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Carveth, D.L. (2002). Psychoanalysis, Science and Masculinity by Karl Figlio. Whurr Series in Psychoanalysis. Edited by Peter Fonagy and Mary Target. Whurr Publishers, London & Philadelphia 2000, pp. 236. ISBN: 1 86156 203 9.. Free Associations, 9(4):649-651.

(2002). Free Associations, 9(4):649-651

Psychoanalysis, Science and Masculinity by Karl Figlio. Whurr Series in Psychoanalysis. Edited by Peter Fonagy and Mary Target. Whurr Publishers, London & Philadelphia 2000, pp. 236. ISBN: 1 86156 203 9.

Review by:
Donald L. Carveth

In this work, Karl Figlio addresses what he sees as the unconscious phantasies that underlie the relentless pursuit of scientific knowledge of both the external and the internal worlds and the unconscious guilt that he thinks both results from and, in turn, motivates this quest. He sees Western culture as obsessed by the scientific drive to get to ‘the beginning of the beginning.’ Paradoxically, however, hand in hand with our confidence in rationality and our technical mastery comes anxiety and a resurgence of magical thinking. Figlio sees such dread and the irrationalism to which it gives rise as rooted in the phantasies accompanying the quest for knowledge, a drive he associates with a phallic masculinity that seeks to invade, dominate, and colonize (mother) nature. The inherent destructiveness of this phallic drive gives rise to primitive guilt and fears of retribution that, in a vicious cycle, motivate further defensive phallic attempts to know and dominate. Science seeks relentlessly to get to the beginning, but fears ruining the sources of nature.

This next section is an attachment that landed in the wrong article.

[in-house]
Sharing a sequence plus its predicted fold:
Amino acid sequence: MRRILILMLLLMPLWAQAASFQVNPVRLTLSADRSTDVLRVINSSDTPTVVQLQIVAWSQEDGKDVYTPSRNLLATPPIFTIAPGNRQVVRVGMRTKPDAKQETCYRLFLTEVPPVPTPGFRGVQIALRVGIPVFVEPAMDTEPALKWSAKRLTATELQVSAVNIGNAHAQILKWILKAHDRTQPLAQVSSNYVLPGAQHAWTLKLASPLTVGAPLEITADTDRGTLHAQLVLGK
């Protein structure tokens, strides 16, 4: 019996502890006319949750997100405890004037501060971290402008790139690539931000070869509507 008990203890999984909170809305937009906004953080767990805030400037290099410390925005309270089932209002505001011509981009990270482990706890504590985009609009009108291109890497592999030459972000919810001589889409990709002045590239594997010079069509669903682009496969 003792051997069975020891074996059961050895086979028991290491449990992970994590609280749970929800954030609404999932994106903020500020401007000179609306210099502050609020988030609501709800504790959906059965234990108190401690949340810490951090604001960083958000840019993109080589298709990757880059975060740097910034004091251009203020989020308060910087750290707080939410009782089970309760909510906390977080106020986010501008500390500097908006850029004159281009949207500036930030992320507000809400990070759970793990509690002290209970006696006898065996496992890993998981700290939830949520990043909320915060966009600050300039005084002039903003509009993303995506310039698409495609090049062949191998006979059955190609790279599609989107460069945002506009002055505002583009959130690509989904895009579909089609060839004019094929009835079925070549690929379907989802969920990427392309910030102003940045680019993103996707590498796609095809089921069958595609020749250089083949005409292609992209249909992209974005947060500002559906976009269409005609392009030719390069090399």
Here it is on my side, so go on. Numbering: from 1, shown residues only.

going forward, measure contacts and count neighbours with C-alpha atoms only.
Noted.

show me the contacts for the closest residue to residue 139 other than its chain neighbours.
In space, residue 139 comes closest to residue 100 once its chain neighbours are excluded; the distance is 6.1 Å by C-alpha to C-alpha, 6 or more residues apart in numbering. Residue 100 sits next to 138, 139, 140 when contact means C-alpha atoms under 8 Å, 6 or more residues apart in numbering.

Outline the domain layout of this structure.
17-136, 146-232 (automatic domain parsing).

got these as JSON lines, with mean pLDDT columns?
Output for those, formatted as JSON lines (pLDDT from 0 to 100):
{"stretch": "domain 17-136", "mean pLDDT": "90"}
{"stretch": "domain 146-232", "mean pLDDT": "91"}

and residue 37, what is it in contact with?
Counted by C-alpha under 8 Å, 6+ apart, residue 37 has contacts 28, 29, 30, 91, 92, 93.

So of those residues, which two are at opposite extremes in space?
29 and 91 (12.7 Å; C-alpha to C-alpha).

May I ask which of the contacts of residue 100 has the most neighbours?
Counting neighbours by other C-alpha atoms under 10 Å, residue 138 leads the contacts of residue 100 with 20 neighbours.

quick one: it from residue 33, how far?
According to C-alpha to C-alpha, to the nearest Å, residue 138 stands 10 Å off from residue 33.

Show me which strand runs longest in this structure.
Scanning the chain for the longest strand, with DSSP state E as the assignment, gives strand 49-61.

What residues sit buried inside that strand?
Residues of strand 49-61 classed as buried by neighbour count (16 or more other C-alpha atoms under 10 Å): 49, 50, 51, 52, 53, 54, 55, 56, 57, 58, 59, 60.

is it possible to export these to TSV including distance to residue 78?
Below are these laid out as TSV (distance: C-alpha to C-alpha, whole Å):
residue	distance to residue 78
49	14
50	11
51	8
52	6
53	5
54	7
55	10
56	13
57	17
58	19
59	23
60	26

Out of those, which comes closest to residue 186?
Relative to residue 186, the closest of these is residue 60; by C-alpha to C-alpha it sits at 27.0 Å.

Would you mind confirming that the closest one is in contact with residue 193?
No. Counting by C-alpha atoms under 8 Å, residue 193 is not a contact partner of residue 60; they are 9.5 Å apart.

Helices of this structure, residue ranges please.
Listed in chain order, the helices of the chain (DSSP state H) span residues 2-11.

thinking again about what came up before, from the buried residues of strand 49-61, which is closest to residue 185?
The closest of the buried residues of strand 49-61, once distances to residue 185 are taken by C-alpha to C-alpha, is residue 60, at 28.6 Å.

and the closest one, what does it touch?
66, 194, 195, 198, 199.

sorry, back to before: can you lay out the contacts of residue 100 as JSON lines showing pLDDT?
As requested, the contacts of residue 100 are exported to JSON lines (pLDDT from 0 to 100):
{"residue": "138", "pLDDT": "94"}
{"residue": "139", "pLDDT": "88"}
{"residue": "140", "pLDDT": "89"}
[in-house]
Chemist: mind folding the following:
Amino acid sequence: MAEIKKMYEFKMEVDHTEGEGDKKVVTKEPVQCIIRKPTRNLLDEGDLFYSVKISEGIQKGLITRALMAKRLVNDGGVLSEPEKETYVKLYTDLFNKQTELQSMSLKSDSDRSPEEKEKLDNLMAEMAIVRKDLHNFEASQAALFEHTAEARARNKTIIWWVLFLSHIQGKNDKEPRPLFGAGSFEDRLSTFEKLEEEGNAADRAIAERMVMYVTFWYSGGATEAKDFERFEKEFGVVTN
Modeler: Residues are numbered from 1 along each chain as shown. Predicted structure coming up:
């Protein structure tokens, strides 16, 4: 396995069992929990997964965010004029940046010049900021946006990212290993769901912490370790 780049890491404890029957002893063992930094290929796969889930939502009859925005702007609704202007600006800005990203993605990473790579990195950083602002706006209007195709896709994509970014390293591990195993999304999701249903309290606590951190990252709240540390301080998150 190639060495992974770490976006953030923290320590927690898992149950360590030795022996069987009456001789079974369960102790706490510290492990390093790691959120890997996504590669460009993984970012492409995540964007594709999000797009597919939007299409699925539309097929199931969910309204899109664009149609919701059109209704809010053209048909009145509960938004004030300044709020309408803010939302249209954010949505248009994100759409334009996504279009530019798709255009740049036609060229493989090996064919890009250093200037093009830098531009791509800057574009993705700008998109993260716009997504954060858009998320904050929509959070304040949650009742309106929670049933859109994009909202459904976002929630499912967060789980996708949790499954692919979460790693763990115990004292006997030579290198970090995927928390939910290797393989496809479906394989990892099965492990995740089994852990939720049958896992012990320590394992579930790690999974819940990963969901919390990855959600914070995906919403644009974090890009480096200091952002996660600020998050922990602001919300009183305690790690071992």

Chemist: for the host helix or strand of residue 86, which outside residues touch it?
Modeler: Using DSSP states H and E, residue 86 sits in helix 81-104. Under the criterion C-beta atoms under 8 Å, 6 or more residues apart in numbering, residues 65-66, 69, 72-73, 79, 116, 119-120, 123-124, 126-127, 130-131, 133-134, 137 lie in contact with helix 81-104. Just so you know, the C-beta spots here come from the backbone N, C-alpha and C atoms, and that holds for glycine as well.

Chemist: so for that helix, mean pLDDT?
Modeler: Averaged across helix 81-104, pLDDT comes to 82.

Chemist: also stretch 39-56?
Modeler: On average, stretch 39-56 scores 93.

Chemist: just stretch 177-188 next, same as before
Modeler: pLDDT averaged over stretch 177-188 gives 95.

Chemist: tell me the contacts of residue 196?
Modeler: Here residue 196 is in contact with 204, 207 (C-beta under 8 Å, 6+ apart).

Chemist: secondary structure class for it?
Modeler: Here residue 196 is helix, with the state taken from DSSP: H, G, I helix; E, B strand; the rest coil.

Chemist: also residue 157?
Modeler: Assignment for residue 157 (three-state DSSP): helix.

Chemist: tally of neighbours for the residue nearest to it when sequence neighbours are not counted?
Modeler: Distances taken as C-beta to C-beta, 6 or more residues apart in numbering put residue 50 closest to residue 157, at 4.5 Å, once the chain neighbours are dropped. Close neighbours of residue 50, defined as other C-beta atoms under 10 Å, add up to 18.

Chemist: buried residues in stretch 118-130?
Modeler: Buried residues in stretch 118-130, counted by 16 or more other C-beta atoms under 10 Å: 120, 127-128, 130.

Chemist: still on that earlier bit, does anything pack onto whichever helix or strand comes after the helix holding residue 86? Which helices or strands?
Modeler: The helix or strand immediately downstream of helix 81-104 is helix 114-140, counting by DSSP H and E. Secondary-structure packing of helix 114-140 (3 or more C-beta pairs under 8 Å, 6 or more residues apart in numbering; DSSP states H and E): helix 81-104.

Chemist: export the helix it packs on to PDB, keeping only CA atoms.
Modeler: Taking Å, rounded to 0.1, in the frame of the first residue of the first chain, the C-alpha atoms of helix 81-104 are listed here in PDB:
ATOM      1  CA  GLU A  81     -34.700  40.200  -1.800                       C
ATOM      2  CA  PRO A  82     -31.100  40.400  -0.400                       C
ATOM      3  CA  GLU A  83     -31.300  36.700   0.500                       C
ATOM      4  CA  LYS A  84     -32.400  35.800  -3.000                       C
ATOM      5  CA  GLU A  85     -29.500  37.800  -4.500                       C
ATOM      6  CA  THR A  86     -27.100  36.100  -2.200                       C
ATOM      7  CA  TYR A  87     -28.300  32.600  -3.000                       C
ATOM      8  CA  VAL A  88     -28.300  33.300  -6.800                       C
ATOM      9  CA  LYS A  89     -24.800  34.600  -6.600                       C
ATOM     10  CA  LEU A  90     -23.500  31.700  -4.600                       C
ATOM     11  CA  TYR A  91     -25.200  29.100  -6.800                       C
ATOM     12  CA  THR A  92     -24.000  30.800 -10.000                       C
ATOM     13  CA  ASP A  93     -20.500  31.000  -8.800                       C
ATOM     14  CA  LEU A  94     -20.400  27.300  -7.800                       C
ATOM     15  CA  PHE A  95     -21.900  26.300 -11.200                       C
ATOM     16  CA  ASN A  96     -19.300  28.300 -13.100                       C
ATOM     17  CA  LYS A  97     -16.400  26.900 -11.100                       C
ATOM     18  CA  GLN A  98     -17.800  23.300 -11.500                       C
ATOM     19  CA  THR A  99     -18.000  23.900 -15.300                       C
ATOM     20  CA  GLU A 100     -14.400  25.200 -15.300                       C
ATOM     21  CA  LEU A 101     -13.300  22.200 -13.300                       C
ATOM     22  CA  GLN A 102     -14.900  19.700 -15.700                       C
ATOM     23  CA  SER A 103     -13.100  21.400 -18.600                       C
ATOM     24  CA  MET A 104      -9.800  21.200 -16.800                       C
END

This duality of science leads me to the conclusion that the relentless spirit of science both drives ever more deeply into nature and at the same time proclaims its innocence, that each new discovery is both the outcome of a foray into nature and a demonstration that everything is okay so far: that we are innocent. Science is a moral quest as well as an institutionalized process of discovery. (p.

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